It was this local budding culture of science that Dr. David Pearson, professor of earth sciences and science communication at Laurentian University, believes made Sudburian industry and government so receptive to hosting an experiment like SNO. “The Apollo 17 crew came because Sudbury was recognized as the site of an impact crater and it drew the widespread attention to the science that could be learned from Sudbury,” said Pearson. “I believe INCO’s willingness to host this magnificent science experiment was, in a way, conditioned by the appreciation that they had shown to the interesting geology of the basin, which had been ratcheted up by the astronauts’ visit in 1972. The idea of going to Sudbury and using a big mine was welcomed by Inco.”
From 1970 to 1994, there was a neutrino detector operating in a mine in South Dakota. The Homestake Experiment, led by Dr. Ray Davis, was set up to measure neutrinos from the Sun. Analysis of the data collected showed a problem: the detector measured only about a third the number of neutrinos predicted by theorists. The experiment appeared to be sound, so what was going on? Were there fundamental flaws in the Standard Model, and our entire understanding of physics?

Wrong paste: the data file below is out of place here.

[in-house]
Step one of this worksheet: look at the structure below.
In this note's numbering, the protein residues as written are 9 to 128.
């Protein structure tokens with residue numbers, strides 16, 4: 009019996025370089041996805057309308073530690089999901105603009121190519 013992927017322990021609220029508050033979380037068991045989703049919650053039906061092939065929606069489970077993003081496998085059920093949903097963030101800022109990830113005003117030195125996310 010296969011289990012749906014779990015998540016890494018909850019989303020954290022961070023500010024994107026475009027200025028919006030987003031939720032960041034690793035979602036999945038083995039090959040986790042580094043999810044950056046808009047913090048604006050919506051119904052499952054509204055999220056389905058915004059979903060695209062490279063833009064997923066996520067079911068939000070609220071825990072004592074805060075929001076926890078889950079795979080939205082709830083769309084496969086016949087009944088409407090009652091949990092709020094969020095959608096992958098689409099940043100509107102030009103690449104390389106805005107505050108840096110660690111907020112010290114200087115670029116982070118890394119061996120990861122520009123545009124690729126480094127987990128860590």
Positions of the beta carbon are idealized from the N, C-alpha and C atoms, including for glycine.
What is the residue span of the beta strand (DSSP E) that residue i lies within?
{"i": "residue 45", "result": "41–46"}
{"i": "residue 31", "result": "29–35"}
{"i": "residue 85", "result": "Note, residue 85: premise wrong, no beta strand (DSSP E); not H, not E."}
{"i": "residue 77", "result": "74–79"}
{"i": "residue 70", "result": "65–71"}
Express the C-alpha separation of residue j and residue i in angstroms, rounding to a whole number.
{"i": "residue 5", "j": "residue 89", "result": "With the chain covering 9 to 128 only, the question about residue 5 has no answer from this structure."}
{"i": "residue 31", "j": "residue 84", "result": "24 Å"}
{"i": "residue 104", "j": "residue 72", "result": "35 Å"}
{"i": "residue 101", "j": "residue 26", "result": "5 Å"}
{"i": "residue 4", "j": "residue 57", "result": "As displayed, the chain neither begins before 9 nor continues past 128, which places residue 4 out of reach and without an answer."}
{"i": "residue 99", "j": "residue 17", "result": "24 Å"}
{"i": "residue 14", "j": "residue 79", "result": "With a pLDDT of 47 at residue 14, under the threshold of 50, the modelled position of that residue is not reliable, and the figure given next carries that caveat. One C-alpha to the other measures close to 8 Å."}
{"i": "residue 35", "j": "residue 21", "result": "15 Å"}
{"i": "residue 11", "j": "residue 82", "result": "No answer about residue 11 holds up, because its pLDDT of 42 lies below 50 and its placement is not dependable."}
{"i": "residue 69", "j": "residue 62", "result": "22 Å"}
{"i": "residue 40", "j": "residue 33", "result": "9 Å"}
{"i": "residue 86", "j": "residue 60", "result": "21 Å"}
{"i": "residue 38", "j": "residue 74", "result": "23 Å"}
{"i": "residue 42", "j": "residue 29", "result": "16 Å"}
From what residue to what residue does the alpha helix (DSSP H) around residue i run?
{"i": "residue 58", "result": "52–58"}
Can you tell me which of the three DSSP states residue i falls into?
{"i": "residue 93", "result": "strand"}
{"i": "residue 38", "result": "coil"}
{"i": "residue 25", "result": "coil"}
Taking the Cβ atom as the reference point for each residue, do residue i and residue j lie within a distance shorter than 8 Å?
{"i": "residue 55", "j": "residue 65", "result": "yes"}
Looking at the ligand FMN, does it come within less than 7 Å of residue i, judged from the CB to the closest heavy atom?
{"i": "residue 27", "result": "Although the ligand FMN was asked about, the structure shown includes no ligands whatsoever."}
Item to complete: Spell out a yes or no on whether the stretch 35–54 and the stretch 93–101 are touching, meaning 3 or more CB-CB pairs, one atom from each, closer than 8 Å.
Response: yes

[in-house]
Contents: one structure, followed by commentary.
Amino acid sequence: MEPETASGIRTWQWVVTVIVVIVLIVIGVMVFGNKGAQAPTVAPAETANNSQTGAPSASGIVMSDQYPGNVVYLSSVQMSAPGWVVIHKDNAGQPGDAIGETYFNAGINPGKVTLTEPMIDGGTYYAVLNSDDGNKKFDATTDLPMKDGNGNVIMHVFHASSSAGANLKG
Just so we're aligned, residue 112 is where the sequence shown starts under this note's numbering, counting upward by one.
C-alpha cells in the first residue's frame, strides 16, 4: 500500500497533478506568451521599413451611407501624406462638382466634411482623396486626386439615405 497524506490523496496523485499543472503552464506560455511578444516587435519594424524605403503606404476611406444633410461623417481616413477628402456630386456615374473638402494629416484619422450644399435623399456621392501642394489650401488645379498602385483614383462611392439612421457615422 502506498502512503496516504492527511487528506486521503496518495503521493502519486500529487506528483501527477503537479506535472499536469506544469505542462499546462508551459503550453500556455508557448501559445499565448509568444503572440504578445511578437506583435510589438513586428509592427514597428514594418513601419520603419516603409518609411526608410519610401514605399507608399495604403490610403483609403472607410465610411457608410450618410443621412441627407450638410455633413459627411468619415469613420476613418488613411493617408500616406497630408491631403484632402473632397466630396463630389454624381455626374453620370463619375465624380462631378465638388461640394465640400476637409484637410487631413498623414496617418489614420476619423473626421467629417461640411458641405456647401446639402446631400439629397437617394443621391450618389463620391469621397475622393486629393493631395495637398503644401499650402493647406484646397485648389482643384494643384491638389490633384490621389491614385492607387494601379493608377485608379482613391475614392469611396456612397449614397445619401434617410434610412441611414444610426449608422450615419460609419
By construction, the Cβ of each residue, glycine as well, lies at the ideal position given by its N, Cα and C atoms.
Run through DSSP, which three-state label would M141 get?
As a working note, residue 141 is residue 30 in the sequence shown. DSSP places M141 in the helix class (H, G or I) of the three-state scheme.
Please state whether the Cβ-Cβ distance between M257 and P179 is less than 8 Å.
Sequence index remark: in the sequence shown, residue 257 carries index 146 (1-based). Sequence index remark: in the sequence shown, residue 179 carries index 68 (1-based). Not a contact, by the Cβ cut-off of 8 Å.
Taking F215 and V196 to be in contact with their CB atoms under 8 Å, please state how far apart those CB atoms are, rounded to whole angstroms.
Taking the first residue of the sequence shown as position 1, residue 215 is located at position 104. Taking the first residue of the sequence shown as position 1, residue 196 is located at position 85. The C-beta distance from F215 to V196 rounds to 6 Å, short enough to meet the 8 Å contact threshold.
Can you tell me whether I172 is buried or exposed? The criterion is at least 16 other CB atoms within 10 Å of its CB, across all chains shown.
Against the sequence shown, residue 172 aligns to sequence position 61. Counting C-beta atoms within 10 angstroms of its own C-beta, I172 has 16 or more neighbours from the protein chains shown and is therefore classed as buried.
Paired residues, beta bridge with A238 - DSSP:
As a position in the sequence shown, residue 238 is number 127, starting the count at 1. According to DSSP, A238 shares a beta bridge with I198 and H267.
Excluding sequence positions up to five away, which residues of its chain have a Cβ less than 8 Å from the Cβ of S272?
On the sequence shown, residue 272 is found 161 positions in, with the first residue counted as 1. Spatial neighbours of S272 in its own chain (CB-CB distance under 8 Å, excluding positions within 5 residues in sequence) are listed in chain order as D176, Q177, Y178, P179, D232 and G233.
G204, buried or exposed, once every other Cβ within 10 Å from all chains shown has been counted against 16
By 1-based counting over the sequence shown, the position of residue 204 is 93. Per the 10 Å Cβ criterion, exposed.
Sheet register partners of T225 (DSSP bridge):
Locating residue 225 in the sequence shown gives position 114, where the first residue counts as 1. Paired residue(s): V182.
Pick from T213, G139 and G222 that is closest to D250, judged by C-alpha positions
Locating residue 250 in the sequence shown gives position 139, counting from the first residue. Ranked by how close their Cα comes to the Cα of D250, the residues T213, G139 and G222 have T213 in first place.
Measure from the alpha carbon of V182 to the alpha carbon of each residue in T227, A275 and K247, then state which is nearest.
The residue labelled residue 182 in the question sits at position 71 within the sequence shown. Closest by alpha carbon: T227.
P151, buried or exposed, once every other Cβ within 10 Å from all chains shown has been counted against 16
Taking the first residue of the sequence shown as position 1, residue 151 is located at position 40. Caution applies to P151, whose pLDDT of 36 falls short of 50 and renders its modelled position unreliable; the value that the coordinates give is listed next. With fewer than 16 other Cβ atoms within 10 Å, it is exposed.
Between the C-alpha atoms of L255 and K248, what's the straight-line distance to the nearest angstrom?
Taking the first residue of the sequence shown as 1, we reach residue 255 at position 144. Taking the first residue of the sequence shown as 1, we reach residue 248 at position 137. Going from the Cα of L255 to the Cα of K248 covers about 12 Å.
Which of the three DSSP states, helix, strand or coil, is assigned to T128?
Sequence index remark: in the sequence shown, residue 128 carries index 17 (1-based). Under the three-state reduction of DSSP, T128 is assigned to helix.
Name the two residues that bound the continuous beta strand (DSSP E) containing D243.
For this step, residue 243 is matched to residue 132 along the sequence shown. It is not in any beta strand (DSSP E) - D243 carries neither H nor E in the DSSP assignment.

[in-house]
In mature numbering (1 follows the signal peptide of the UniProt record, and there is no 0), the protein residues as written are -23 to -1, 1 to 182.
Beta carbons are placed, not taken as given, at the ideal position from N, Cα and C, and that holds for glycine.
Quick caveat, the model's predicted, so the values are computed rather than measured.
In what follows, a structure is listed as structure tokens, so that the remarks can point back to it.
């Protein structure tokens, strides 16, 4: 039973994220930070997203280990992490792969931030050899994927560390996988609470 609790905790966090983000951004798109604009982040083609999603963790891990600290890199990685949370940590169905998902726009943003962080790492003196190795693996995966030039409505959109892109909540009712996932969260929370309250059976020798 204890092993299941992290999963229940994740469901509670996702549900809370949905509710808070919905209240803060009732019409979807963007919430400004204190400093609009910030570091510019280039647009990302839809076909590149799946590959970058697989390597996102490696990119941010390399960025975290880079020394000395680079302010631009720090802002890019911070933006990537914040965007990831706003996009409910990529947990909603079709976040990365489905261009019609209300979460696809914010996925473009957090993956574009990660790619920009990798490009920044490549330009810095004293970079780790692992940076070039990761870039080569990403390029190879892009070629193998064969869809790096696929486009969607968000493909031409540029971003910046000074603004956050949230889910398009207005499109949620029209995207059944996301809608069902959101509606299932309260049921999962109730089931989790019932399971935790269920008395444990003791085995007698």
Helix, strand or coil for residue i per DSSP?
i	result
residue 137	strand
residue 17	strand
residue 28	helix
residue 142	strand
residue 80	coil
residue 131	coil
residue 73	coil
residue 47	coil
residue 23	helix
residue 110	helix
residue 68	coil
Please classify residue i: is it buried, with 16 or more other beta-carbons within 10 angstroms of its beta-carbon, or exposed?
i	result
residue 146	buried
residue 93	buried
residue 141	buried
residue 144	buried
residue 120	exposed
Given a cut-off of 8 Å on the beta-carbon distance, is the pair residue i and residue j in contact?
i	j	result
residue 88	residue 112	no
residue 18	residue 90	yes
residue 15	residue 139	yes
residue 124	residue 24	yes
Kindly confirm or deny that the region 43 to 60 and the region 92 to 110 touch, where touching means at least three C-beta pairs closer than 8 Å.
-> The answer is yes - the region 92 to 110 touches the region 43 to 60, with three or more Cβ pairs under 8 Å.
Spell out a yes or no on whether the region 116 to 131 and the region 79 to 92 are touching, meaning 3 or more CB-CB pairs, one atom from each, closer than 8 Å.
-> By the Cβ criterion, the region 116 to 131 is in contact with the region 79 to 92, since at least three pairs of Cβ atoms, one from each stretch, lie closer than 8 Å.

Dubbed by physicists ‘The Solar Neutrino Problem’, this inconsistency became the focus of a new generation of neutrino experiments. Scientists knew that neutrinos came in three flavours: electron, muon, and tau. Up until this point, it was assumed that they did not change flavour. The Homestake experiment was sensitive only to electron neutrinos, the flavour produced in the Sun, so further investigation was needed to solve the solar neutrino problem.
In 1984, Prof. Herb Chen suggested a heavy water (D2O) detector that would be sensitive to all types of neutrinos as a candidate to investigate the solar neutrino problem. While D2O had been proposed and experimented with before, availability and cost had precluded any large-scale experiments. Canada, however, had a considerable amount of heavy water held in reserve for its CANDU nuclear reactor program. Atomic Energy of Canada Limited (AECL) was approached and agreed to loan 1,000 tonnes of heavy water to the experiment until it was needed for a new reactor, provided it was returned in the same condition it was loaned in.